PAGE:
William Blake

(28 November 1757 – 12 August 1827 / London)

William Blake Quotes

  • ''Ah, Sun-flower, weary of time,
    Who countest the steps of the Sun,
    Seeking after that sweet golden clime
    Where the traveller's journey is done:
    Where the Youth pined away with desire,
    And the pale Virgin shrouded in snow
    Arise from their graves, and aspire
    Where my Sun-flower wishes to go.''
    William Blake (1757-1827), British poet, painter, engraver. Songs of Experience, "Ah! Sun-flower," (1794), repr. In Complete Writings, ed. Geoffrey Keynes (1957).
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  • ''Where the Youth pined away with desire,
    And the pale Virgin shrouded in snow,
    Arise from their graves and aspire,
    Where my Sun-flower wishes to go.''
    William Blake (1757-1827), British poet, painter, mystic. Ah Sun-flower! (L. 5-8). . . The Complete Poems [William Blake]. Alicia Ostriker, ed. (1977) Penguin Books.
  • ''My mother groan'd! my father wept.
    Into the dangerous world I leapt:
    Helpless, naked, piping loud:
    Like a fiend hid in a cloud.''
    William Blake (1757-1827), British poet, painter, engraver. Songs of Experience, "Infant Sorrow," (1794), repr. In Complete Writings, ed. Geoffrey Keynes (1957).
  • ''Opposition is true friendship.''
    William Blake (1757-1827), British poet, painter, engraver. "A Memorable Fancy," plates 17-20, The Marriage of Heaven and Hell (1790-1793).
  • ''O Rose, thou art sick!
    The invisible worm
    That flies in the night,
    In the howling storm,
    Has found out thy bed
    Of crimson joy:
    And his dark secret love
    Does thy life destroy.''
    William Blake (1757-1827), British poet, painter, engraver. Songs of Experience, "The Sick Rose," (1794), repr. In Complete Writings, ed. Geoffrey Keynes (1957).
  • ''That the Jews assumed a right exclusively to the benefits of God will be a lasting witness against them & the same will it be against Christians.''
    William Blake (1757-1827), British poet, painter, engraver. repr. In Complete Writings, ed. Geoffrey Keynes (1957). Annotations to Bishop Watson, An Apology for the Bible in a Series of Letters Addressed to Thomas Paine (1798).
  • ''Tyger! Tyger! burning bright
    In the forests of the night,
    What immortal hand or eye
    Could frame thy fearful symmetry?''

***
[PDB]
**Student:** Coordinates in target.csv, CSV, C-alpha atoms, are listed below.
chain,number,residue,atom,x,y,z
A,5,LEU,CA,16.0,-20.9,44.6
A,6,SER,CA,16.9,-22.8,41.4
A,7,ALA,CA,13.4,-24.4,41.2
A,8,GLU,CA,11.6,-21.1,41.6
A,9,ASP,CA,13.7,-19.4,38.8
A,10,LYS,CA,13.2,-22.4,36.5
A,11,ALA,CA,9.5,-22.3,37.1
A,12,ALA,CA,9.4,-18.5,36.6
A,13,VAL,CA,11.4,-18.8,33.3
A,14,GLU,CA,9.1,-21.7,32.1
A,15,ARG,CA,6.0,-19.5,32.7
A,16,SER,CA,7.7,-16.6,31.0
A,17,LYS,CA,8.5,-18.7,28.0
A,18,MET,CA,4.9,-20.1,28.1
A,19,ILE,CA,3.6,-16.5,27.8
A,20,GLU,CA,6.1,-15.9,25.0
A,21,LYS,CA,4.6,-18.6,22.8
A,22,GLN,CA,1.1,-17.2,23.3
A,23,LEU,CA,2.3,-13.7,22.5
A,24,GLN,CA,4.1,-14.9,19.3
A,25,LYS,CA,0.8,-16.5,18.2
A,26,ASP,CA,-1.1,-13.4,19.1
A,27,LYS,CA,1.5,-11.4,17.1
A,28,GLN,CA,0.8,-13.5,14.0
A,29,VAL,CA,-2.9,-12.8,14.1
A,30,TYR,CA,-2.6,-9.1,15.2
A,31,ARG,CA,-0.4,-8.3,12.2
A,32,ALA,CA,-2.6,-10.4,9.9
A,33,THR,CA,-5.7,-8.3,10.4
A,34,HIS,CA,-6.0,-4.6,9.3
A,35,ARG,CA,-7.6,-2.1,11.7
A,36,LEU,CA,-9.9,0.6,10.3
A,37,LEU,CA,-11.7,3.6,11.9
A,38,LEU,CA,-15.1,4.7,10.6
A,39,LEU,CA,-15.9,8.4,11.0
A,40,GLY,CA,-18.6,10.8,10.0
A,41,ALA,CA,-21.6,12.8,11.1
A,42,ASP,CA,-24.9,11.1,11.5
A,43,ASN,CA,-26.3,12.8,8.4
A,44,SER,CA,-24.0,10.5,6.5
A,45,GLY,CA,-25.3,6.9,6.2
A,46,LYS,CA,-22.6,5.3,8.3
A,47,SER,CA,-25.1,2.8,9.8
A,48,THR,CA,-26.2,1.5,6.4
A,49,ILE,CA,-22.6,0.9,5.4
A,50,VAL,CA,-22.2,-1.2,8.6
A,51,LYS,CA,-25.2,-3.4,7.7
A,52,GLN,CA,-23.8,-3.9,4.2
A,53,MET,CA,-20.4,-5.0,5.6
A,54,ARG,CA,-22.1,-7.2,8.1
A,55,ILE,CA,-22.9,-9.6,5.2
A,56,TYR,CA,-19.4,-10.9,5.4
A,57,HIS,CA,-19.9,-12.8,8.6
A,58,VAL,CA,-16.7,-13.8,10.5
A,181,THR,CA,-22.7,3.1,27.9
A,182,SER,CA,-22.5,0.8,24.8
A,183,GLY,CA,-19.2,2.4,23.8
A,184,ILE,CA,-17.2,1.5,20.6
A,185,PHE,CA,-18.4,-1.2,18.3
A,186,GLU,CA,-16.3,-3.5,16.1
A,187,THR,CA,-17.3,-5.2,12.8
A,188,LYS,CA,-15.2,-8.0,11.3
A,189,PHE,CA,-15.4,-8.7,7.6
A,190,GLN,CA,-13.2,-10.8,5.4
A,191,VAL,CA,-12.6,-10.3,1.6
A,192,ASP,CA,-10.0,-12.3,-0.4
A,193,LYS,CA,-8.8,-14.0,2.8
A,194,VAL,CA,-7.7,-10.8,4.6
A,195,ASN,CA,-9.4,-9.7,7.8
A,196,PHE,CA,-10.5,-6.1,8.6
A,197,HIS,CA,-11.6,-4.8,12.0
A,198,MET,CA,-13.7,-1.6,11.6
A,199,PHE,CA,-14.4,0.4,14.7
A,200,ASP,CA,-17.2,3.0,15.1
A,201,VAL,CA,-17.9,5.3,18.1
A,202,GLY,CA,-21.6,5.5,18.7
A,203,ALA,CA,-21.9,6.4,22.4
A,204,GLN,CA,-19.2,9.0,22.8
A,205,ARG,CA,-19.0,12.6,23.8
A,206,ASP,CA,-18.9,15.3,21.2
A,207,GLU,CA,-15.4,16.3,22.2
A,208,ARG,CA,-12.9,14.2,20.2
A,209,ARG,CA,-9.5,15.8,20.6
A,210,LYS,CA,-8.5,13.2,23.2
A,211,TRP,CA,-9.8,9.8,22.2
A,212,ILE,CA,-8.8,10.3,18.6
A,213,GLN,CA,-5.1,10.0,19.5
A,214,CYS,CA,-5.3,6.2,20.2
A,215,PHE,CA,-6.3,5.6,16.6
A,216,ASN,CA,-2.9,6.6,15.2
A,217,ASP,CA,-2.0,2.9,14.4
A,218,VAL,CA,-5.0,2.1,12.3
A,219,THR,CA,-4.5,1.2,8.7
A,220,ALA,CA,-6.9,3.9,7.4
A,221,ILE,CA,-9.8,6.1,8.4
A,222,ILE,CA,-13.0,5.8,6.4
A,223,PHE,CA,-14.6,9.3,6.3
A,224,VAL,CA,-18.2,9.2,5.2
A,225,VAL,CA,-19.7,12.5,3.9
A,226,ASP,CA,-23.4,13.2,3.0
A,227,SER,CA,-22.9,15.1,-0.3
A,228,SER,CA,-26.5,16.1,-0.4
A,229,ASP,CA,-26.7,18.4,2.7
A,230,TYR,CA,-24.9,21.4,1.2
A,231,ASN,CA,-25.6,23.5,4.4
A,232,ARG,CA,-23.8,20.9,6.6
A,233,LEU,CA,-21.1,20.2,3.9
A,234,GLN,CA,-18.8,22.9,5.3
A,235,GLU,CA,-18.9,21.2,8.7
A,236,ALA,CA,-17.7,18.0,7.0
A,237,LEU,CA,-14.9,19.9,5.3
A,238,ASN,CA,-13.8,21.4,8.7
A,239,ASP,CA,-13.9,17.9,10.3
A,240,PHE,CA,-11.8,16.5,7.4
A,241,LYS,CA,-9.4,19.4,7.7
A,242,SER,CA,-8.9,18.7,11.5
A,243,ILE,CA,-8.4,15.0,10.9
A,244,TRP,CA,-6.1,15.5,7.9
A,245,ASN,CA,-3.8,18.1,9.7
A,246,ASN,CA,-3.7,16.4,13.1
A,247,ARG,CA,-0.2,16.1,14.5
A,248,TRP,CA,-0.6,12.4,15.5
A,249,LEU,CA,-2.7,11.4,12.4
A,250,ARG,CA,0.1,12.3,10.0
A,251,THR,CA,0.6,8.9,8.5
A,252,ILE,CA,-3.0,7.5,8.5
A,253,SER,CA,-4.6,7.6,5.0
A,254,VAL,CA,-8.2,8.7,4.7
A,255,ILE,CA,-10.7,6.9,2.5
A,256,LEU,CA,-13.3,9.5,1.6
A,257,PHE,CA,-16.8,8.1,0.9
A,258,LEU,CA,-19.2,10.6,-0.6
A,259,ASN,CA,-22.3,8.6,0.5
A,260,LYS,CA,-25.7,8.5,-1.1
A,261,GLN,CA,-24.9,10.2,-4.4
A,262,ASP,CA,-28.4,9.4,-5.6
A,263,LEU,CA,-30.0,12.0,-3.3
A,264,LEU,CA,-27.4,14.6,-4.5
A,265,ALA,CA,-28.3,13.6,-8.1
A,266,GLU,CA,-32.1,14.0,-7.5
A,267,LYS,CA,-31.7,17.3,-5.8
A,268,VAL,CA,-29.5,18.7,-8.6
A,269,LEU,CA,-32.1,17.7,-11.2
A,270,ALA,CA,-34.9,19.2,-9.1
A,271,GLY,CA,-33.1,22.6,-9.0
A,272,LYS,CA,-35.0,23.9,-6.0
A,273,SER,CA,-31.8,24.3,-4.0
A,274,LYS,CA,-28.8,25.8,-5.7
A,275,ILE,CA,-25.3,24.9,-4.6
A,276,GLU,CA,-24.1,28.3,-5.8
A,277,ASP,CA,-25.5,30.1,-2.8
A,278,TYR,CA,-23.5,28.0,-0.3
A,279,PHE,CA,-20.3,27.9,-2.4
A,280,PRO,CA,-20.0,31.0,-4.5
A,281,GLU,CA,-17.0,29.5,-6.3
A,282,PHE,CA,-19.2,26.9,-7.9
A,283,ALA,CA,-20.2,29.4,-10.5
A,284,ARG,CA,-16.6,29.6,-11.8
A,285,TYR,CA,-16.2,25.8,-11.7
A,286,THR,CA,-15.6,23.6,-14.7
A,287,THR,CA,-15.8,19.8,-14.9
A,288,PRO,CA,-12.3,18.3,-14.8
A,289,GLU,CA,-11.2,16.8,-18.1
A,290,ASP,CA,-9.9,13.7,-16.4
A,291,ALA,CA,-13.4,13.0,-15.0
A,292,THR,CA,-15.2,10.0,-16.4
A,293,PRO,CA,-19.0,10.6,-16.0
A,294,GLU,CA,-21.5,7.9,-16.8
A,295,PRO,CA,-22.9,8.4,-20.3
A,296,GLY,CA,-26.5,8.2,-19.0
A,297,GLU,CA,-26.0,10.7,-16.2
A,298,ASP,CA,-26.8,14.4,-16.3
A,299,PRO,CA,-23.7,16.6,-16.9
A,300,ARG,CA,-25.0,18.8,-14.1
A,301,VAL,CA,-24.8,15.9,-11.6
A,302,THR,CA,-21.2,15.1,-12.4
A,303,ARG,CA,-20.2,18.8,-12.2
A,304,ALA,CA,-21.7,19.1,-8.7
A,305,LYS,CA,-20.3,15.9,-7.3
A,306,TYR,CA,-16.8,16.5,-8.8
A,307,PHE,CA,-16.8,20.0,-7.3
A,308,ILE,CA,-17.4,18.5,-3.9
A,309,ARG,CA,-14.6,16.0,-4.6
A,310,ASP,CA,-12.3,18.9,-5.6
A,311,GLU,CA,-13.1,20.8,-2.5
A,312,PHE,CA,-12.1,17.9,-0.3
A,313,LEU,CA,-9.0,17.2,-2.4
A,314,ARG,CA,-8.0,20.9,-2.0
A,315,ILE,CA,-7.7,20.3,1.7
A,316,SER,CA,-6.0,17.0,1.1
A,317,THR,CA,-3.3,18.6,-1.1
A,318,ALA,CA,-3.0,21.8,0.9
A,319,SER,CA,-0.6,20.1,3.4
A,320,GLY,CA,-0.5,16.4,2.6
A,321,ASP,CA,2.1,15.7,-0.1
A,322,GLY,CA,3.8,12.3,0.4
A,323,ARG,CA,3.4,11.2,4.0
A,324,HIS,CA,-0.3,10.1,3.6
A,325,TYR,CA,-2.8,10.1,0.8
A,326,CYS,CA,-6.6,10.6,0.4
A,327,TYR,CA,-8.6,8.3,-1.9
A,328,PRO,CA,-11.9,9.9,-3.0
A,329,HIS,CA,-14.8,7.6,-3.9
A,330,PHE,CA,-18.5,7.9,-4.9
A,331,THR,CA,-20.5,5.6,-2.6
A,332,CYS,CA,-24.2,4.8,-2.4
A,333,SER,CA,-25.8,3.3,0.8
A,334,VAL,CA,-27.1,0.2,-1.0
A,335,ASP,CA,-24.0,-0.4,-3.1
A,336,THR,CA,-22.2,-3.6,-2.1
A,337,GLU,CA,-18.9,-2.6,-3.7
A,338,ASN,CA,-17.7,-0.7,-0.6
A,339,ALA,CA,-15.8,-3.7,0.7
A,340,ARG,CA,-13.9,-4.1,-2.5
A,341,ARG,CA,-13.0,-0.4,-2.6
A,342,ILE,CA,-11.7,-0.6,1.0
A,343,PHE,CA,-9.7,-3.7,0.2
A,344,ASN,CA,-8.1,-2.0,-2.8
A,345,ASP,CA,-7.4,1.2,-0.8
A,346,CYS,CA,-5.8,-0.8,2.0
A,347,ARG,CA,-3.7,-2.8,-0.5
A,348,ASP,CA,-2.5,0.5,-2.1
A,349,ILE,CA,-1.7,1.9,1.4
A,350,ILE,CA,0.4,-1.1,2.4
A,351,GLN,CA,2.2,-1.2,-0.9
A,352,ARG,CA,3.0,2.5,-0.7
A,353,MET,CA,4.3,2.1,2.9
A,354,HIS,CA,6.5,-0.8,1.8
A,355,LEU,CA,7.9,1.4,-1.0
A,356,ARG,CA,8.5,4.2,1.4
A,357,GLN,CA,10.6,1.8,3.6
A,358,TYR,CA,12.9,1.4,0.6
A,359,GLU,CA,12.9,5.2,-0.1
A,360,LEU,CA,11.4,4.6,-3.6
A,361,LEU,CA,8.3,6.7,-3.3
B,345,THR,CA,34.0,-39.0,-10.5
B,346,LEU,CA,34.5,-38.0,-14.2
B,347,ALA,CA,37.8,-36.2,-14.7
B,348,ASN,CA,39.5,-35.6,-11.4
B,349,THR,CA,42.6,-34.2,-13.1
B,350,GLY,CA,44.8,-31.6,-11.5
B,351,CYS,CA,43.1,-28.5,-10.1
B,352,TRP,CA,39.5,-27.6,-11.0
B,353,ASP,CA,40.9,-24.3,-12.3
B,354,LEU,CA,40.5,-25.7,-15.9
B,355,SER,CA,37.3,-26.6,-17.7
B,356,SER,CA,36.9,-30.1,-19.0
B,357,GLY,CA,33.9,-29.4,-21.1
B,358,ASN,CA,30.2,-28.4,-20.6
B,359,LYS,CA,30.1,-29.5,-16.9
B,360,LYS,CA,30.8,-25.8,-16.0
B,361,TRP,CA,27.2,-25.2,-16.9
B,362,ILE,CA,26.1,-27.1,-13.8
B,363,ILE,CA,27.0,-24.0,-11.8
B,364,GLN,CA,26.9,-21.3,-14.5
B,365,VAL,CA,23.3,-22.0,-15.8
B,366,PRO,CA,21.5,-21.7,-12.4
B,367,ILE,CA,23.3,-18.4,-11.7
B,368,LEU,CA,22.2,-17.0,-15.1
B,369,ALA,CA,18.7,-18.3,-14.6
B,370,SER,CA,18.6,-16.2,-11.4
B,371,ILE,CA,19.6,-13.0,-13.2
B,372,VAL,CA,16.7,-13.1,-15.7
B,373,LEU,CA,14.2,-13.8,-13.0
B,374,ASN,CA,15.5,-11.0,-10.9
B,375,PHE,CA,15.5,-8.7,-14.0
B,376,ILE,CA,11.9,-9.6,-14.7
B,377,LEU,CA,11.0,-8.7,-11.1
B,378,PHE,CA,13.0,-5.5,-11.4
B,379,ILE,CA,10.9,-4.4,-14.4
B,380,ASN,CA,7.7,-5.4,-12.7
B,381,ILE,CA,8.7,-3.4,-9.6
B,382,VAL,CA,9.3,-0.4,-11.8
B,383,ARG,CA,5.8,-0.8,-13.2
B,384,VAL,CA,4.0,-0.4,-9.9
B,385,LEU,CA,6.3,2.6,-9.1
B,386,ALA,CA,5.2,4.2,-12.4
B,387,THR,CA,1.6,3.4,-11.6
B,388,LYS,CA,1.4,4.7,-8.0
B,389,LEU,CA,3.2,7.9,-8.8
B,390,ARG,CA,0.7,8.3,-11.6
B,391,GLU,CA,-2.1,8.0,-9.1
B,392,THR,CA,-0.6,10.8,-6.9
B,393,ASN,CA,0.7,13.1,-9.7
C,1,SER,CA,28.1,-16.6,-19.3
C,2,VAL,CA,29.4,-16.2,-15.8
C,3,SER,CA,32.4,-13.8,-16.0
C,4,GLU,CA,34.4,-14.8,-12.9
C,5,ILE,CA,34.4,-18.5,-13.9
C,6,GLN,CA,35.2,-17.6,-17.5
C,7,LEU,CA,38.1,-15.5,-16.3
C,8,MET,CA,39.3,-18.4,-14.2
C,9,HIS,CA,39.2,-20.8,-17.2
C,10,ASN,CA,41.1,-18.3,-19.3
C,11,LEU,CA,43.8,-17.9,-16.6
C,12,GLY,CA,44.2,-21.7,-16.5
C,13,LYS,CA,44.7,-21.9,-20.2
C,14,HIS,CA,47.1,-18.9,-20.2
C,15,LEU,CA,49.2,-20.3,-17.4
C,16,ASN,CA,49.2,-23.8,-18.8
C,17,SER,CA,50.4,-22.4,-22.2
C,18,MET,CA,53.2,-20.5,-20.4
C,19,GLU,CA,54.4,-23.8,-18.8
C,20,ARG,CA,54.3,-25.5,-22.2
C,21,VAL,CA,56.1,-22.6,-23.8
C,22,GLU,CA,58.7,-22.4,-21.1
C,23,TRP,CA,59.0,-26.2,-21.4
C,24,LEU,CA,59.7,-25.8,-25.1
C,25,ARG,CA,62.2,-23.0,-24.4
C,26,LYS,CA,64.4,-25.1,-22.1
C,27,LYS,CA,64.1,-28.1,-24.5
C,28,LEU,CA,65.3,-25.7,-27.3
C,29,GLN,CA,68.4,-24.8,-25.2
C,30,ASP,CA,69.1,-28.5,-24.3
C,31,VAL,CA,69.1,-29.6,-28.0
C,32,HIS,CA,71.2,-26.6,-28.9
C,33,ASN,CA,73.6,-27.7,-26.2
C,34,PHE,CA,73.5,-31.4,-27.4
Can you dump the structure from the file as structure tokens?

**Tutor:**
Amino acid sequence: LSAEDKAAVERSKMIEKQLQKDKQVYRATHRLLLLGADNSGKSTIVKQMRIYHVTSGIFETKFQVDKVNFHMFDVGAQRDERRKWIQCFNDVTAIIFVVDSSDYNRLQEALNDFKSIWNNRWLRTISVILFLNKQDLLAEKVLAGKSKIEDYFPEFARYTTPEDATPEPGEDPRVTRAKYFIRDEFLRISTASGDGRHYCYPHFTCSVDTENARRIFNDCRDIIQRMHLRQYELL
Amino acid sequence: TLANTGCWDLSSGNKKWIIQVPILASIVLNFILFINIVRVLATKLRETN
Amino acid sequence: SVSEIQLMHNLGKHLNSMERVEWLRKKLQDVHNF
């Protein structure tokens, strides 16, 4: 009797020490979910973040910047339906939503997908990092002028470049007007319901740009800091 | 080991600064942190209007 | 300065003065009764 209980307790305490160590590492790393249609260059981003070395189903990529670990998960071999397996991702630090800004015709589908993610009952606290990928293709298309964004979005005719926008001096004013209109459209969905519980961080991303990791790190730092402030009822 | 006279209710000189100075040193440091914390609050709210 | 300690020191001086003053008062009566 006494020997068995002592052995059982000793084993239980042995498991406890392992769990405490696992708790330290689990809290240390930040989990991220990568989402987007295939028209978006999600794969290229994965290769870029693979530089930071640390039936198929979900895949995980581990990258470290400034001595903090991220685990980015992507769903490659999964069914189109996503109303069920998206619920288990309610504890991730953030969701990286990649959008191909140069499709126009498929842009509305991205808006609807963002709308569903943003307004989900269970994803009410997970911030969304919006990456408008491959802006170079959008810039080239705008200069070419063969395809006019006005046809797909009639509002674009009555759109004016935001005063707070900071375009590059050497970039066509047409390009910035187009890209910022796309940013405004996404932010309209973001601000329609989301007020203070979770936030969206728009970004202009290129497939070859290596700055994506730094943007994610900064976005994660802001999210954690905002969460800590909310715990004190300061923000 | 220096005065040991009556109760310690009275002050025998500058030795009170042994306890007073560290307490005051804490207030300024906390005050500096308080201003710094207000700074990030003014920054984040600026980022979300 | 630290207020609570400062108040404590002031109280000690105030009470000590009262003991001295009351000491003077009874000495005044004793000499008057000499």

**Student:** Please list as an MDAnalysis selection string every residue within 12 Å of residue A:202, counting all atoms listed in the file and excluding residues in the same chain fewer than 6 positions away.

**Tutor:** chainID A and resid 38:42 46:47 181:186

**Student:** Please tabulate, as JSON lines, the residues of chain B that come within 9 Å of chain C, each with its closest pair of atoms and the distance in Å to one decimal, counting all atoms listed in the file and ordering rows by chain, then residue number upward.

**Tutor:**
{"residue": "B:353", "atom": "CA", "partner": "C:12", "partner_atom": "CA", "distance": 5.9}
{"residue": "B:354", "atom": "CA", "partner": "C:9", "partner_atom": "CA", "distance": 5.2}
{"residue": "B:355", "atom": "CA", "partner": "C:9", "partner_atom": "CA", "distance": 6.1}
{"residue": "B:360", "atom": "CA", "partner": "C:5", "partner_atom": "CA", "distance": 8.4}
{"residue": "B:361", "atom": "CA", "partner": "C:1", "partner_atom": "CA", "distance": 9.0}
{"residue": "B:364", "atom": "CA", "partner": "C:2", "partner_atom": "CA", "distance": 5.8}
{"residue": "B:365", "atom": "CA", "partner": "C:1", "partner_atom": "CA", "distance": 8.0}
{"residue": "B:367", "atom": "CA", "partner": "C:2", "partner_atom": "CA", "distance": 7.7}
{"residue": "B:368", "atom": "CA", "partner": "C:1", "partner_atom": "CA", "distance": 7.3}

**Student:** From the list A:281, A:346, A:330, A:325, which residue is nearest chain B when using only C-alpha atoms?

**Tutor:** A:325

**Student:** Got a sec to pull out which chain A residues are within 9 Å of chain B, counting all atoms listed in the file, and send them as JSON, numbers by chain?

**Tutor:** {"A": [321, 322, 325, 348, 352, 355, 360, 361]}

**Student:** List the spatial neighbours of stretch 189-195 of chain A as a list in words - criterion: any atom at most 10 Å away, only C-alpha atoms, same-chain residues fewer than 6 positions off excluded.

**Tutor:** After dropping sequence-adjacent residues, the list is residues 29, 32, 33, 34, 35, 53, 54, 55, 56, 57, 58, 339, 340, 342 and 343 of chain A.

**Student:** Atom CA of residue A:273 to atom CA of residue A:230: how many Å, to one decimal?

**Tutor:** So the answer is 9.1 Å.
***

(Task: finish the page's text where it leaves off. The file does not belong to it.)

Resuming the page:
William Blake (1757-1827), British poet, painter, engraver. Songs of Experience, "The Tyger," st. 1 (1794), repr. In Complete Writings, ed. Geoffrey Keynes (1957).
  • ''Nothing can be more contemptible than to suppose Public RECORDS to be true.''
    William Blake (1757-1827), British poet, painter, engraver. Complete Writings, ed. Geoffrey Keynes (1957). Annotations to Bishop Watson, An Apology for the Bible in a Series of Letters Addressed to Thomas Paine (1798).
  • ''Love seeketh only self to please,
    To bind another to its delight,
    Joys in another's loss of ease,
    And builds a Hell in Heaven's despite.''
    William Blake (1757-1827), British poet, painter, engraver. Songs of Experience, "The Clod & the Pebble," st. 1 (1794), repr. In Complete Writings, ed. Geoffrey Keynes (1957). Reply of the Pebble to the Clod of Clay's verse: "Love seeketh not itself to please,/Nor for itself hath any care,/But for another gives its ease,/And builds a Heaven in Hell's despair."
  • ''It appears to me that men are hired to run down men of genius under the mask of translators, but Dante gives too much of Caesar: he is not a republican.''
    William Blake (1757-1827), British poet, painter, engraver. "Annotations to Boyd's Dante," (written c. 1800), published in Complete Writings, ed. Geoffrey Keynes (c. 1957).

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Best Poem of William Blake

A Poison Tree

I was angry with my friend:
I told my wrath, my wrath did end.
I was angry with my foe:
I told it not, my wrath did grow.

And I watered it in fears,
Night and morning with my tears;
And I sunned it with smiles,
And with soft deceitful wiles.

And it grew both day and night,
Till it bore an apple bright.
And my foe beheld it shine.
And he knew that it was mine,

And into my garden stole
When the night had veiled the pole;
In the morning glad I see
My foe outstretched beneath the tree.

Read the full of A Poison Tree

To Tirzah

Whate'er is Born of Mortal Birth
Must be consumed with the Earth
To rise from Generation free:
Then what have I to do with thee?

The Sexes sprung from Shame & Pride,
Blow'd in the morn, in evening died;
But Mercy chang'd Death into Sleep;
The Sexes rose to work & weep.

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